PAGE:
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‘Pretty embarrassing’: Australia environment minister draws flak after stating she will challenge coal mine expansion court ruling

‘Pretty embarrassing’: Australia environment minister draws flak after stating she will challenge coal mine expansion court ruling
Australia’s environment minister has come under fire for announcing her intent to appeal a court ruling that found she had a duty to protect children from harmful climate change effects related to a proposed coal mine expansion.

On Thursday, the Federal Court of Australia had formalized its ruling in a class action suit brought by eight teenagers that sought an injunction to stop minister Sussan Ley from approving expansion plans for the Vickery coal mine project in the state of New South Wales.

In his judgement, Justice Mordecai Bromberg said the minister had an obligation “to take reasonable care” when making her decision to “avoid causing personal injury or death” to Australians under 18 “arising from emissions of carbon dioxide into the Earth’s atmosphere.”

However, less than a day into the mandatory four-week appeal period, Ley said in a statement that she had “formed the view there were grounds on which to appeal” after “carefully considering” the ruling, but did not give further details.

The case had been fought on two legal fronts: the injunction on the expansion itself and that Ley would be in violation of a common law “duty of care” if she used powers granted by the Environment Protection and Biodiversity Conservation Act (1999) to approve the expansion.

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During the case, the court was told that the controversial expansion plans could see the release of an additional 100 million tons of carbon dioxide – roughly 20% of the country’s yearly climate footprint.

Describing the effects on climate change as “catastrophic,” Bromberg referenced the potential for heat stress-related death and deadly bushfires as he pronounced his ruling.

Australia is one of the world’s largest coal exporters and has not signed up to a zero emissions target by 2050. It also ranked amongst the worst performers in terms of action taken to cut greenhouse gas emissions in the UN’s recently released Sustainable Development Report 2021.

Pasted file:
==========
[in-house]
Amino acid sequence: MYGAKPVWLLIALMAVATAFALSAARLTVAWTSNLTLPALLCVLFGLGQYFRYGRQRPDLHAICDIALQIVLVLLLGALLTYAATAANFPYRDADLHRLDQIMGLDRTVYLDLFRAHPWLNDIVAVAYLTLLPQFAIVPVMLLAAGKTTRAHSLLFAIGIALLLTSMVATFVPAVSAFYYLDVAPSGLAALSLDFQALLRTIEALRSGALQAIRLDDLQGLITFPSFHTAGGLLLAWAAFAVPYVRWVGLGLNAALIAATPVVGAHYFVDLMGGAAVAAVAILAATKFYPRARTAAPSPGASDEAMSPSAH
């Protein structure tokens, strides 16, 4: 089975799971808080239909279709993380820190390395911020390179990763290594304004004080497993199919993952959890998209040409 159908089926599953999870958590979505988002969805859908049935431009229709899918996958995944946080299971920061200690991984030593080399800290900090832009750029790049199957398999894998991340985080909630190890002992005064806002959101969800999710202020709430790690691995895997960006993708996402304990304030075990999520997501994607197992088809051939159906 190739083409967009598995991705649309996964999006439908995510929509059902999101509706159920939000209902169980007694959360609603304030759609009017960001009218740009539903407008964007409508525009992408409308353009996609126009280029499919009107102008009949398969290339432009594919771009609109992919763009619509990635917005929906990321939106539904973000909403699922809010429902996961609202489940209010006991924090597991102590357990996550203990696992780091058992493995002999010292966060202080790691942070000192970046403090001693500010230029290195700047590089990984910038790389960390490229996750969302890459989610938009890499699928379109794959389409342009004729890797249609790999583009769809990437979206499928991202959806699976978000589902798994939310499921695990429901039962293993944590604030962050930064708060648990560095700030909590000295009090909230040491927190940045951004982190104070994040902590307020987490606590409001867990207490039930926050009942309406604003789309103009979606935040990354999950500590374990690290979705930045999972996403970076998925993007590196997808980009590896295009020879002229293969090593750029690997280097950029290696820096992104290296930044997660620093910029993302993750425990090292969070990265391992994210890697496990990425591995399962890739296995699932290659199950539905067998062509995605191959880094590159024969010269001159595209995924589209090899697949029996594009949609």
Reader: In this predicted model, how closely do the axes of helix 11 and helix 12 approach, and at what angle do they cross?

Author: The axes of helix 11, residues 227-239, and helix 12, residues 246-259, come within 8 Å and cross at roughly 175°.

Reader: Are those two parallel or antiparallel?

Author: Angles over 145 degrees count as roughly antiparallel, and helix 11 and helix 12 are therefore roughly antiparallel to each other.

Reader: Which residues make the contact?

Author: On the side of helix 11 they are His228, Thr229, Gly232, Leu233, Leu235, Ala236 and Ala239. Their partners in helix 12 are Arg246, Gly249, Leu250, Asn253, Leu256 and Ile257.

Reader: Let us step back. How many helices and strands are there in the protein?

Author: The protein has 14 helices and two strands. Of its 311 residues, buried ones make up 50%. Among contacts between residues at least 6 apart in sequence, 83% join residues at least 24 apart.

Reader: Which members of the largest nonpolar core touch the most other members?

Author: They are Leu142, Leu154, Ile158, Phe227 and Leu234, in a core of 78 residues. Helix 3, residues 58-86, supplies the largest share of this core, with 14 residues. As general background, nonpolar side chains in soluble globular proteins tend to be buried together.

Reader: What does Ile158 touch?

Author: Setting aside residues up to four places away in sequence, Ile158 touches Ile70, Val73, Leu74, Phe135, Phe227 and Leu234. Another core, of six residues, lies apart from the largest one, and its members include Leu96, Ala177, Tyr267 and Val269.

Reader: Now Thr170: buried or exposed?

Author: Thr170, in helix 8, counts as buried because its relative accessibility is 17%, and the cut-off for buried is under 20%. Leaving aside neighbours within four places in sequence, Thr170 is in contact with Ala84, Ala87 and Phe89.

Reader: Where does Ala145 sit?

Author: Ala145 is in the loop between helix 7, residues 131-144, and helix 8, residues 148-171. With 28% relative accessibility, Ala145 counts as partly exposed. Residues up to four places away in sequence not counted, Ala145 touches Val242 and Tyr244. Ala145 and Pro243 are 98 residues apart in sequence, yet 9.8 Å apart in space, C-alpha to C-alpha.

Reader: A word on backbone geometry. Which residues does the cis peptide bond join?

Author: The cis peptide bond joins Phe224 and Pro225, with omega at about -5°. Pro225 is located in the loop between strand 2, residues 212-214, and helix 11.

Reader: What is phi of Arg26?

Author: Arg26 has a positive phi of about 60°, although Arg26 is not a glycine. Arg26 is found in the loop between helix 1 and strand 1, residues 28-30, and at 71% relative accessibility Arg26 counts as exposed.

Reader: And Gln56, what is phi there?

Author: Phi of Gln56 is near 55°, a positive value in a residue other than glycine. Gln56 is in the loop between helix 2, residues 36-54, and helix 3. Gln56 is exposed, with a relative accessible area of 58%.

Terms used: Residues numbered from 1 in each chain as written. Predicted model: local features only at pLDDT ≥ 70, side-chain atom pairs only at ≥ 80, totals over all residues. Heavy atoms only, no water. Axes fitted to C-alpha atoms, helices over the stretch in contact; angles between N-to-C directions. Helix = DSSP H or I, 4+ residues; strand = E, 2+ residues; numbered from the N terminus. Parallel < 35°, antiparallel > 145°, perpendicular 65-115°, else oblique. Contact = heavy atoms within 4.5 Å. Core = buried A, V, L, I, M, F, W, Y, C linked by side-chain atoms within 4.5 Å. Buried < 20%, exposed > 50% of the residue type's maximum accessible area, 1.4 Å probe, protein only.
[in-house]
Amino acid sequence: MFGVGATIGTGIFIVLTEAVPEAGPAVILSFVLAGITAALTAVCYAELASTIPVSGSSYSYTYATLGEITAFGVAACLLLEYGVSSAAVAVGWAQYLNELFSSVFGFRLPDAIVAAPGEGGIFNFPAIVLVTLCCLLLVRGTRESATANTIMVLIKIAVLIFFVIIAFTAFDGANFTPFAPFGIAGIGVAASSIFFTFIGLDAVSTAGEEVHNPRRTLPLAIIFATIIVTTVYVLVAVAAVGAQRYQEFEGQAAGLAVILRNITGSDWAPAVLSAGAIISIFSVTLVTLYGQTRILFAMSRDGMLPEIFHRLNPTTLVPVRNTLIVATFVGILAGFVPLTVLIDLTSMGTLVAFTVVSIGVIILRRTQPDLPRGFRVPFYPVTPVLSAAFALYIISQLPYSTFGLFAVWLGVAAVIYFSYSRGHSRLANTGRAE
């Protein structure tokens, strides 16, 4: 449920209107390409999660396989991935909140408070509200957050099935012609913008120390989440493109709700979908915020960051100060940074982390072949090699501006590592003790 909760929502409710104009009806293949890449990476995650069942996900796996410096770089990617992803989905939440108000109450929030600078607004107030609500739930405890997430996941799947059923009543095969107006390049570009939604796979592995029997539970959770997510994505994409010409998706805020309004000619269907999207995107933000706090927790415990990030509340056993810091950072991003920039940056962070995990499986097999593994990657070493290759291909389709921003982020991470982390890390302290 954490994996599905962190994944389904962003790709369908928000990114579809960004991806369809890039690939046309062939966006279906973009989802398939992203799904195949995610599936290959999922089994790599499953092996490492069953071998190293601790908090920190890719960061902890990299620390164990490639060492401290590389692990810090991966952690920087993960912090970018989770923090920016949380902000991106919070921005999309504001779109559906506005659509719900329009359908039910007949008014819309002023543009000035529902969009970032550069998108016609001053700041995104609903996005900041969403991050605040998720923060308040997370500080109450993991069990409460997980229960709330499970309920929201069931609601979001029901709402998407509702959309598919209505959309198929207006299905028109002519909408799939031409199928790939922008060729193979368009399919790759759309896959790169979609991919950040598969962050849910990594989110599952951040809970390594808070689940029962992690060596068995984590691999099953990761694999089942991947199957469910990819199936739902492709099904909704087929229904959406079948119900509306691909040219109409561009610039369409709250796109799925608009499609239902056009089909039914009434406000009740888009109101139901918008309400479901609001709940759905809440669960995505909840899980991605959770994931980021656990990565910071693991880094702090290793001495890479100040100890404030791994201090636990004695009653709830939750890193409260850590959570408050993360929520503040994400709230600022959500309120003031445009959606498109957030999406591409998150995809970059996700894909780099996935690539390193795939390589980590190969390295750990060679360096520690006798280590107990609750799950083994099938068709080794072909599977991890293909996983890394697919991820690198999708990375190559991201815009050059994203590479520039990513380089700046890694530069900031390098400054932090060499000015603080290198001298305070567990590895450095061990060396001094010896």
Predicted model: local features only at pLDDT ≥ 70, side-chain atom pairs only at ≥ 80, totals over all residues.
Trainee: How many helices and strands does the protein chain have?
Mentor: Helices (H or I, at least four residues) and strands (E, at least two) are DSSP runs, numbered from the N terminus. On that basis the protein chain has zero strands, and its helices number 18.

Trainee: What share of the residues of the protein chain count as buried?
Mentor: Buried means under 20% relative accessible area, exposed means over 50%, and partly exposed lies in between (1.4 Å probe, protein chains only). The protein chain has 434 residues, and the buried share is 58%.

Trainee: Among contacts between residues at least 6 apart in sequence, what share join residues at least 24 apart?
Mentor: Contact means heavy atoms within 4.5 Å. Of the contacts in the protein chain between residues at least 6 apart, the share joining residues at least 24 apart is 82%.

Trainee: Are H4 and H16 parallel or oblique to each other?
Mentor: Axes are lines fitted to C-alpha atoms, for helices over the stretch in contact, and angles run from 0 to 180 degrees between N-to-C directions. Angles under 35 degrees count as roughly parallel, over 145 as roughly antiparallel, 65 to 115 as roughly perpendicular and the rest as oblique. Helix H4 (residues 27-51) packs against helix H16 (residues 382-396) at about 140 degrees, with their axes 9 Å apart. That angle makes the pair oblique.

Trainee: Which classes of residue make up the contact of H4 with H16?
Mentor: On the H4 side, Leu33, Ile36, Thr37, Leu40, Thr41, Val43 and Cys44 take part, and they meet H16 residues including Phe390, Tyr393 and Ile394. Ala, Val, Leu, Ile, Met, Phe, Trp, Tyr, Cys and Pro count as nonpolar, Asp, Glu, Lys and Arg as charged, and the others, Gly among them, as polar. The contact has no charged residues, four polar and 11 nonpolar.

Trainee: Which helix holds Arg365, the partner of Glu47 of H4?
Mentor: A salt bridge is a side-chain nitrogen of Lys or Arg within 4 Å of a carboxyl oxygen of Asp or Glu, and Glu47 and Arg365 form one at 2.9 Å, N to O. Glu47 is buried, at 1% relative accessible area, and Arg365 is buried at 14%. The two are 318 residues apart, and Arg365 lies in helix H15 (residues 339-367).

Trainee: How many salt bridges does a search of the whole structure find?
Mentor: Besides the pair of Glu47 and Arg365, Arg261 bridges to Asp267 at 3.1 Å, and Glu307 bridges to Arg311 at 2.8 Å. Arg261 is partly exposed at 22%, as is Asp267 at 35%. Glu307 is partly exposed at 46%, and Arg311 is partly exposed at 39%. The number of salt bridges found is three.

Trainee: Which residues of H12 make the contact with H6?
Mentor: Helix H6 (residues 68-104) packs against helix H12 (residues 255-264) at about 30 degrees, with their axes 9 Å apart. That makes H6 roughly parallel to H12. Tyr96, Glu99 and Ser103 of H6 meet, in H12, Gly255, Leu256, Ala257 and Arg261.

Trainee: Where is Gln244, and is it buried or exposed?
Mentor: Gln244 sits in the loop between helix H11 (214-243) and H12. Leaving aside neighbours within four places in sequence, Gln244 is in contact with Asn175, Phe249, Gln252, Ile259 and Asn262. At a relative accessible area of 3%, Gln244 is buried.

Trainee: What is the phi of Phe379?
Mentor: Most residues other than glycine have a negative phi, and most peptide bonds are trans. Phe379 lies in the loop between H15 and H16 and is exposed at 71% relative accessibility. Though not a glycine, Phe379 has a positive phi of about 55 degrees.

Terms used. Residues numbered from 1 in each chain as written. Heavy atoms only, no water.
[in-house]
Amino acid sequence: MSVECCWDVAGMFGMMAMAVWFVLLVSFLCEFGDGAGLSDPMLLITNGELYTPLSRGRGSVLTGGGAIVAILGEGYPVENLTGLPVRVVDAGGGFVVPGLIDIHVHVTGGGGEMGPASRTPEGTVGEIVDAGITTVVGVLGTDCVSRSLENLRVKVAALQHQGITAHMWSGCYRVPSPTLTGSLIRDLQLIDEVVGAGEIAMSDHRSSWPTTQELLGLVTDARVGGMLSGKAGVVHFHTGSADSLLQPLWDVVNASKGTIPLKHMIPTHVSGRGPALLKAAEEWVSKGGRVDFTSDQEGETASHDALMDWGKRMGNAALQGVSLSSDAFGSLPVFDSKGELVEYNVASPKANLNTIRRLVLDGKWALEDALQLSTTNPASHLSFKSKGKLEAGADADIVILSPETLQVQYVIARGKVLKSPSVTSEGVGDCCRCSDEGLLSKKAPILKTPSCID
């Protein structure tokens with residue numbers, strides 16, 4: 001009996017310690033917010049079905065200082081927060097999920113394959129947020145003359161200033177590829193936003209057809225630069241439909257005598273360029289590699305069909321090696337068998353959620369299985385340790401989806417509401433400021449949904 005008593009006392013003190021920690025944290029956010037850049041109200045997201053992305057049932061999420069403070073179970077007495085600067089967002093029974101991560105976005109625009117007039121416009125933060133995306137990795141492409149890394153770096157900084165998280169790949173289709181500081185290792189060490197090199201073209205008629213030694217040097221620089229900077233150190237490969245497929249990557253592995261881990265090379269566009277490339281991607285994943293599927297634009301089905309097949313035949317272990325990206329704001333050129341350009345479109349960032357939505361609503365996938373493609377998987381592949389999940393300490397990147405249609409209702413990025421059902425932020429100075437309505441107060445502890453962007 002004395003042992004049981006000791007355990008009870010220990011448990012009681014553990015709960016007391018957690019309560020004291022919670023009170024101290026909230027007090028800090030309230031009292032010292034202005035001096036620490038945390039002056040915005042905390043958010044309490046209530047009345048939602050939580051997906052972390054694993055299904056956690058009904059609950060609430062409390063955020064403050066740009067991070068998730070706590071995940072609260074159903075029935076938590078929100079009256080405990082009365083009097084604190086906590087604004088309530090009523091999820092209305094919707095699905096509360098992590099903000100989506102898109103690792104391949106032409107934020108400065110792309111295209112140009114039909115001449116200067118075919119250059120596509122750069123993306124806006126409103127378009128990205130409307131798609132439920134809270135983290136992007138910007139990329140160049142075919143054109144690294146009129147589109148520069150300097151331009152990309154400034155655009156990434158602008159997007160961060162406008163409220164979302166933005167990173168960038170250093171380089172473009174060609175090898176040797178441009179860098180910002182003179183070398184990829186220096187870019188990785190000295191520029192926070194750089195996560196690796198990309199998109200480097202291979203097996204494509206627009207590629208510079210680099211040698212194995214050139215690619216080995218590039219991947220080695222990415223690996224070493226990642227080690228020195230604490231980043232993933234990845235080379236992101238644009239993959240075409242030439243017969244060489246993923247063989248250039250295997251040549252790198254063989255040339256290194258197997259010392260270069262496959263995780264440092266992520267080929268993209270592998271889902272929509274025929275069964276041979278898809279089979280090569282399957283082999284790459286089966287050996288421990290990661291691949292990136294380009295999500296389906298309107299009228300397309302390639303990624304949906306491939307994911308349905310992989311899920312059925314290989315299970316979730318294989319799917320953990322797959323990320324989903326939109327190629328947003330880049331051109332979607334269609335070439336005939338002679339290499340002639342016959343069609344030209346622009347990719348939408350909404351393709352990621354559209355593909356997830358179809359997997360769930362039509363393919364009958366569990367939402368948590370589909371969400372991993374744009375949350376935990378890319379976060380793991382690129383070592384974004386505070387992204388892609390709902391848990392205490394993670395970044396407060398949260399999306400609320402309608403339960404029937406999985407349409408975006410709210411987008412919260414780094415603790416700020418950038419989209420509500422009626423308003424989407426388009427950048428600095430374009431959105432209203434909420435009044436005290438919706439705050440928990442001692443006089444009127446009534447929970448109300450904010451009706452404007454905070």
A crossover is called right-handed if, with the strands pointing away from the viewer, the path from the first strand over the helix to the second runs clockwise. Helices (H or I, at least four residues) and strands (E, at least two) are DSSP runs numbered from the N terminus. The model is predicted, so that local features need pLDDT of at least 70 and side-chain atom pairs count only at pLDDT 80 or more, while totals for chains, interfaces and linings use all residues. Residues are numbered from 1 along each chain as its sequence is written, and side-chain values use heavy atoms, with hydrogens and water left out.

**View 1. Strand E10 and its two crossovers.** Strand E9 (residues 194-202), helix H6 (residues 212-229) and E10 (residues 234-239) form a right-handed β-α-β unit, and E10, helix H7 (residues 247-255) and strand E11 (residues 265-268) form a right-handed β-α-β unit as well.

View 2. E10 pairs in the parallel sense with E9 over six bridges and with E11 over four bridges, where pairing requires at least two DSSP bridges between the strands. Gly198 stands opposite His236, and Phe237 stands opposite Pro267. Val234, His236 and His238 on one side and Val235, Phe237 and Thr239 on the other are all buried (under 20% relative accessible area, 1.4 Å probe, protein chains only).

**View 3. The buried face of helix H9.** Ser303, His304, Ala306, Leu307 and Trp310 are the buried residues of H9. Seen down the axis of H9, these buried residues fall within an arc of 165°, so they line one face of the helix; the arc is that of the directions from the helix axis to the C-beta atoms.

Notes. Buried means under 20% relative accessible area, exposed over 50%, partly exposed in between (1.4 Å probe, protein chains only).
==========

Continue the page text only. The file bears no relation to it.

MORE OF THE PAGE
Responding to Ley’s statement, Anjali Sharma, the student listed as the primary plaintiff in the case, told Reuters she found it “pretty embarrassing” that the government would challenge the decision.

“Sussan Ley is now taking it to the courts to prove her right to harm the environment. It is pretty disappointing,” Sharma said, adding that since they “beat her once in court... there’s no reason why we can’t do it again.”

“The attitudes in Australia are shifting. It’s only her, the gas industries and the coal industries that are dragging their feet and sooner or later they are going to have to catch up with the rest of the country,” she added.

A message from the Instagram account of the students’ ‘ClassAction4Climate’ group called out Prime Minister Scott Morrison’s government for “its intention to continue to spend taxpayer money fighting for the duty to not care about Australian children.”

Another of the plaintiffs, Bella Burgemeister, tweeted that Ley “thinks she has a duty to do harm.”

Questioning the “Morrison government’s intent” to appeal the duty “about life and death for Australian children,” David Barnden, the lawyer representing the group, told the Guardian it was “inconceivable that an environment minister... would seek to rid herself of this sensible responsibility.”

The majority of social media users responding to the news agreed that Ley had gotten her priorities mixed up, with some even questioning whether she knew which ministry portfolio she held.

Student climate activism group ‘School Strike 4 Climate Australia’ noted that it was “strange” how the environment minister “doesn’t care about us” while parents’ group ‘Australian Parents for Climate Action’ said the government’s role was to protect its citizens “especially in the context (of) climate risk.”

Some people found the turn of events “amazingly analogous” to the aftermath of the ruling in May by a Dutch court that oil giant Shell had to cut both its and suppliers’ greenhouse emissions down 45% compared to 2019 levels by 2030.

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